Posts Tagged: Susan Cobey
Ever seen honey bees engaging in washboarding?
It's a behavior so named because they look as if they're scrubbing clothes on a washboard or scrubbing their home.
It occurs near the entrance of the hive and only with worker bees. They go back and forth, back and forth, a kind of rocking movement. No one knows why they do it. It's one of those unexplained behaviors they've probably been doing for millions of years.
Bee breeder-geneticist Susan Cobey of the University of California, Davis and Washington State University, has witnessed washboarding scores of times. Last week the unusual behavior occurred on two of her hives at the Harry H. Laidlaw Jr. Honey Bee Research Facility at UC Davis. She hypothesizes that these bees are in the "unemployment line." It's a time when foraging isn't so good, so these bees are "sweeping the porch" for something to do, she speculates.
Emeritus professor Norman Gary of UC Davis Department of Entomology writes about it in his chapter, Activities and Behavior of Honey Bees, in the Dadant publication The Hive and the Honey Bee.
"They stand on the second and third pairs of legs and face the entrance. Their heads are bent down and the front legs are also bent," wrote Gary, who has kept bees for more than six decades. "They make 'rocking' or 'washboard' movements, thrusting their bodies forward and backward. At the same time they scrape the surface of the hive with their mandibles with a rapid shearing movement, sliding over the surface as if cleaning it."
They pick up some material and then clean their mandibles.
Gary thinks that "these rocking movements probably serve as a cleaning process by which the bees scrape and polish the surface of the hive."
Like most people, professor/biologist/bee researcher James Nieh of UC San Diego has never seen this behavior. Nieh, who recently presented at seminar at UC Davis, later commented "It is an interesting behavior that would be particularly fascinating to observe in natural colonies in trees. It does seem to involve some cleaning behavior, although it is possible that bees are depositing some olfactory compound while they are rubbing the surface with their mandibles. We are currently conducting research in my lab on the effects of bee mandibular gland secretions on foraging orientation behavior. A new set of experiments will involve examining the effect of mandibular gland secretions on bee behaviors at the nest. I will definitely consider looking at how this potential pheromone affects washboarding."
We managed to capture the behavior with our Iphone and posted it on YouTube.
It's interesting that of the some 25 research hives at the Laidlaw facility, occupants of two of Cobey's hives exhibited washboarding last week.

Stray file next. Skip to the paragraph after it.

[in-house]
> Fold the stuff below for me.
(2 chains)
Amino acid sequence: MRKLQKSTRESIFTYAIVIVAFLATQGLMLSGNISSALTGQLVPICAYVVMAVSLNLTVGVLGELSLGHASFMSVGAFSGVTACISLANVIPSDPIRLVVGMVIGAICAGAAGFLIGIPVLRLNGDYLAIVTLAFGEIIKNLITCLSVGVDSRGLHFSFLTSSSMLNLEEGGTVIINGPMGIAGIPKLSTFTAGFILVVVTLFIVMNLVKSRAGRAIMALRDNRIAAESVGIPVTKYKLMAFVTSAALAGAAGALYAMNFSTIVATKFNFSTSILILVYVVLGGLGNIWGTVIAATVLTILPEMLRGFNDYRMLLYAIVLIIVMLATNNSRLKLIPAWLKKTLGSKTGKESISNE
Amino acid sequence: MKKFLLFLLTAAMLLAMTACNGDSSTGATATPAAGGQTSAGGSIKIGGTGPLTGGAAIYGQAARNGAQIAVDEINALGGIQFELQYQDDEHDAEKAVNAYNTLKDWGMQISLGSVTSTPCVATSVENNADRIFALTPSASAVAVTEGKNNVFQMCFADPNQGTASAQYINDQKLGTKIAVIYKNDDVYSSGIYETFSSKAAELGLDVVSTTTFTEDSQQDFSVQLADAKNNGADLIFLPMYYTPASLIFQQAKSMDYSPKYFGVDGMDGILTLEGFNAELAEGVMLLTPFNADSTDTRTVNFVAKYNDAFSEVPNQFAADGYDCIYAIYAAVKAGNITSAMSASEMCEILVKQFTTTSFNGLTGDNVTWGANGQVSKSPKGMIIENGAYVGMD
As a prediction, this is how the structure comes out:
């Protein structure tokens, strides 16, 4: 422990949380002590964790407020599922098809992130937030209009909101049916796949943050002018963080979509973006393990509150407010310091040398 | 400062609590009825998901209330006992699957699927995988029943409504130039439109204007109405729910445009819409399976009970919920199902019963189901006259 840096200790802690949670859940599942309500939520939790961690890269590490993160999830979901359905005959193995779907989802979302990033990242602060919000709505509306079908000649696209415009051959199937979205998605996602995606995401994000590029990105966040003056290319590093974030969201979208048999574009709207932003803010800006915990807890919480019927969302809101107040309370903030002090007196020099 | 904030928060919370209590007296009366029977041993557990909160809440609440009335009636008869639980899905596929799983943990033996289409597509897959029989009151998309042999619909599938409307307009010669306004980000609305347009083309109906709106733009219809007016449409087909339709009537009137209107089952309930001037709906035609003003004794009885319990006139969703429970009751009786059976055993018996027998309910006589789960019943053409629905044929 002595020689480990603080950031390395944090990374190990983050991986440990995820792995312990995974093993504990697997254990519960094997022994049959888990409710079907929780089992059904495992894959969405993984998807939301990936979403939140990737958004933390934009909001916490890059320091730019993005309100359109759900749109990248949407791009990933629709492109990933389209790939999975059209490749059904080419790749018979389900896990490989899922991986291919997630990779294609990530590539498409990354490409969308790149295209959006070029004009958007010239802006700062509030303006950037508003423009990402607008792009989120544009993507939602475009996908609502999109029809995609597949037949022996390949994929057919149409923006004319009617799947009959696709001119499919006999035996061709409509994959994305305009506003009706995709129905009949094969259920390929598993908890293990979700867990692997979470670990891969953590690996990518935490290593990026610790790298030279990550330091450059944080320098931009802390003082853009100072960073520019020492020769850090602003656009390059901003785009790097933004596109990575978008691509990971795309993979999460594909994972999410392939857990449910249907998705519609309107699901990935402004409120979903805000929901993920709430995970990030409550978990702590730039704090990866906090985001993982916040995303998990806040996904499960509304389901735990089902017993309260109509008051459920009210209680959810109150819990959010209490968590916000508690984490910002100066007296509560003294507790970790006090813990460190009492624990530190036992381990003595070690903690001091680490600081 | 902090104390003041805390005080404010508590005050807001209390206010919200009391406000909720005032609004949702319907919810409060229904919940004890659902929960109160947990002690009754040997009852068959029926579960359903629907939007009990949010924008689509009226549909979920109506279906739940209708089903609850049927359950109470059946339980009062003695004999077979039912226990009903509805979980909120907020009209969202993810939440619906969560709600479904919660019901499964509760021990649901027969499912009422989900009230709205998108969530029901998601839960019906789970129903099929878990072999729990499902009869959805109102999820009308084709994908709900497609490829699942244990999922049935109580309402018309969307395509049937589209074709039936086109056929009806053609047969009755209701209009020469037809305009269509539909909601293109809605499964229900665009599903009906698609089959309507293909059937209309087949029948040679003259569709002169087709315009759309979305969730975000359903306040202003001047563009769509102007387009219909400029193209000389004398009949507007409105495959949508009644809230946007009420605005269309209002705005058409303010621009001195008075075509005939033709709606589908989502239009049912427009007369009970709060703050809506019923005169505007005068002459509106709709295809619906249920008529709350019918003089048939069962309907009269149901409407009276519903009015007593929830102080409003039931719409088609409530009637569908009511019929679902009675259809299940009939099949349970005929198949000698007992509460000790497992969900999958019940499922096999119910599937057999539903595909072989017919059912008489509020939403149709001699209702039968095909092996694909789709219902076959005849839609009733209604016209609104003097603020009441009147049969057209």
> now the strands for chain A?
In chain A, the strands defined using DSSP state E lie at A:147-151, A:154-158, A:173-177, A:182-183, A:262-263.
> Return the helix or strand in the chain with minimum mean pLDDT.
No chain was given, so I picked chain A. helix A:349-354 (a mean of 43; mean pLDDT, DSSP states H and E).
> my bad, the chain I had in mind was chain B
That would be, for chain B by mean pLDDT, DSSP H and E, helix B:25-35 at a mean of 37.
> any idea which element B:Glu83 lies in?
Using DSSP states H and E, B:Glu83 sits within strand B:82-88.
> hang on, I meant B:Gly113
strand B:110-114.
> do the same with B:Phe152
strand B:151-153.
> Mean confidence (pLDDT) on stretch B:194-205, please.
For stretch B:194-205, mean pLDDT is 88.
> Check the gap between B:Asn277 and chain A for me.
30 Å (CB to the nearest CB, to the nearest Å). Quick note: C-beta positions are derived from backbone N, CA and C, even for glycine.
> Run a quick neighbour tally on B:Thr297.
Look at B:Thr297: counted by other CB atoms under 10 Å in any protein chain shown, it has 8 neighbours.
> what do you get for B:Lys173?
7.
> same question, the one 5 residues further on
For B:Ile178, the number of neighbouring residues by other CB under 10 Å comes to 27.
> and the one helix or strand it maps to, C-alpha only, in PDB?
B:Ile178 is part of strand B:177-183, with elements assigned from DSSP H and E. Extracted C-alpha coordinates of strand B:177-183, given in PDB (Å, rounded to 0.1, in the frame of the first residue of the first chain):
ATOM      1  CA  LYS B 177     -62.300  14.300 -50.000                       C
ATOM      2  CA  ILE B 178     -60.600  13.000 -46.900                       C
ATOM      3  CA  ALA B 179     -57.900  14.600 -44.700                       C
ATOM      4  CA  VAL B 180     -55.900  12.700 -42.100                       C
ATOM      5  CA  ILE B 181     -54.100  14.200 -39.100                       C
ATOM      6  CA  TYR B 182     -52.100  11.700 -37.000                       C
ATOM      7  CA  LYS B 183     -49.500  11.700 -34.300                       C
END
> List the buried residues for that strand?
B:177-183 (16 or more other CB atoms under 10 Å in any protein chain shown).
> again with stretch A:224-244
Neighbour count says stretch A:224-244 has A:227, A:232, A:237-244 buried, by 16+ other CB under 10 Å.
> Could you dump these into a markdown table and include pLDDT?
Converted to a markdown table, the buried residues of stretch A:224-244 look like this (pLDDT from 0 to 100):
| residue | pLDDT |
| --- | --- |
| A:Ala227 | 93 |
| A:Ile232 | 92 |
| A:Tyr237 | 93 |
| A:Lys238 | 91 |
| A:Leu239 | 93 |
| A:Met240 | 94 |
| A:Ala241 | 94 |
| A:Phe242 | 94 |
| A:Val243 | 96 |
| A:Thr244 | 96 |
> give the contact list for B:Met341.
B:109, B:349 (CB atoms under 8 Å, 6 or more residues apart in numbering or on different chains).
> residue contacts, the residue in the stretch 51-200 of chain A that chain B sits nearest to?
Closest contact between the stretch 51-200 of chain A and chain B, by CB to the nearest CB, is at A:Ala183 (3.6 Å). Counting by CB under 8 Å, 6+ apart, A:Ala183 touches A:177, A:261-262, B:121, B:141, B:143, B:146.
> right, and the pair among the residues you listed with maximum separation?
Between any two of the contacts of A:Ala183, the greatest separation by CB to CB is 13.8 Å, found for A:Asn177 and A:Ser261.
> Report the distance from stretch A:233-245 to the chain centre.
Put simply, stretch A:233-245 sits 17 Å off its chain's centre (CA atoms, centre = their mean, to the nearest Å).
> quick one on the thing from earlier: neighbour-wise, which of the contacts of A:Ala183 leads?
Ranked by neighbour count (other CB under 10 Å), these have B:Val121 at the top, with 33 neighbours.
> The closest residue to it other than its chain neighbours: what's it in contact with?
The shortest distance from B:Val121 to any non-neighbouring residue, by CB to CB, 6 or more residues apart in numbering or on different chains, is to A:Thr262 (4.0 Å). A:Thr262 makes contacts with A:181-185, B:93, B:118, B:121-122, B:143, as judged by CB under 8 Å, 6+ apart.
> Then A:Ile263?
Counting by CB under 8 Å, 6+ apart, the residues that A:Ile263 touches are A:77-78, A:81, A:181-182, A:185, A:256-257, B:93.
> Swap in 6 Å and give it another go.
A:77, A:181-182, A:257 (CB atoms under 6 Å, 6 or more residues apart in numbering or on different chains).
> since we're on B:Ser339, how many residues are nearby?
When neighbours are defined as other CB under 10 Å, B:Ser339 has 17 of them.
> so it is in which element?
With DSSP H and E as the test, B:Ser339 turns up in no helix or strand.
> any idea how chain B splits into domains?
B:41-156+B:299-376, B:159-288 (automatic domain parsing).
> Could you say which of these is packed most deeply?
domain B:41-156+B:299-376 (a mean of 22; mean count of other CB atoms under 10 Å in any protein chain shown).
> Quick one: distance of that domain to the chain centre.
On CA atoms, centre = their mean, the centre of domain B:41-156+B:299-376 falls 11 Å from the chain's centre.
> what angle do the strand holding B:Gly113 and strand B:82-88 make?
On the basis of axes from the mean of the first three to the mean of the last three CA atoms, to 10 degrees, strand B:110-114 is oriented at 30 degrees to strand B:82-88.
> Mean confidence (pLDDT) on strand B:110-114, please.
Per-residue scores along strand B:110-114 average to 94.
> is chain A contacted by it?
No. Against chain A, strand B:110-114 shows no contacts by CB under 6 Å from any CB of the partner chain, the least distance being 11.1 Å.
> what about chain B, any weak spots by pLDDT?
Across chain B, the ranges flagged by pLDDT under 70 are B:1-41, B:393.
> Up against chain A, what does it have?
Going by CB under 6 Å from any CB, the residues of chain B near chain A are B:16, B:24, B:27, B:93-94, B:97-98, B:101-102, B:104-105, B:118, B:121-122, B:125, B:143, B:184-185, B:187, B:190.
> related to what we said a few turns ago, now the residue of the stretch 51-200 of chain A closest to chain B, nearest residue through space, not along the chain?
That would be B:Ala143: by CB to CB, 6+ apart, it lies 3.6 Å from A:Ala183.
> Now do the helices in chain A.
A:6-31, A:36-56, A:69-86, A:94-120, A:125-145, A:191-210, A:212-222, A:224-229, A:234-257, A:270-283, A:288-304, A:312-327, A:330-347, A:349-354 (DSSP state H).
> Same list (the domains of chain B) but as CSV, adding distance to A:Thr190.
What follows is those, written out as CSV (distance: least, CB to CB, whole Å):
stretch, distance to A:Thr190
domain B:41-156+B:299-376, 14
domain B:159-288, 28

So, what are washboarding bees doing? Cleaning their home where pathogenic organisms might congregate, per a theory by Katie Bohrer and Jeffrey Pettis of the USDA-ARS Bee Research Lab?
Or are they just creating "busy work"--"sweeping the porch" for something to do?
It would be interesting to find out!
Honey bees engaging in washboarding behavior with "rocking" or up-and-down movements. (Photo by Kathy Keatley Garvey)
Foragers flying back to the hive as their sisters engage in washboarding activity on the wall, or what Susan Cobey calls "sweeping the front porch." (Photo by Kathy Keatley Garvey)
Varroa mites, those pesky little parasites that suck the blood out of honey bees and spread multiple viruses, are now found throughout the world, except in Australia.
Scientists blame these parasites as one of the causes of colony collapse disorder (CCD), characterized by adult bees abandoning the hive and leaving behind the queen, brood and food stores. They attribute CCD to a multitude of factors, including pests, pesticides, parasites, diseases, viruses, malnutrition and stress. Thus, varroa mites are a key factor in the declining honey bee population.
Today's honey bees are ill-equipped to rid their hives of a varroa mite infestation. Indeed, beekeepers consider the varroa mite (scientific name Varroa destructor) as Public Enemy No. 1.
And that's one of the reasons why we like bee breeder-geneticist Susan Cobey's efforts to increase the genetic diversity in our domestic honey bee gene pool.
Cobey, who has a dual appointment at the University of California, Davis and Washington State University, is directing a stock improvement program which aims to do just that.
"Increasing the overall genetic diversity of honey bees will lead to healthier and hardier bees that can better fight off parasites, pathogens and pests," she says.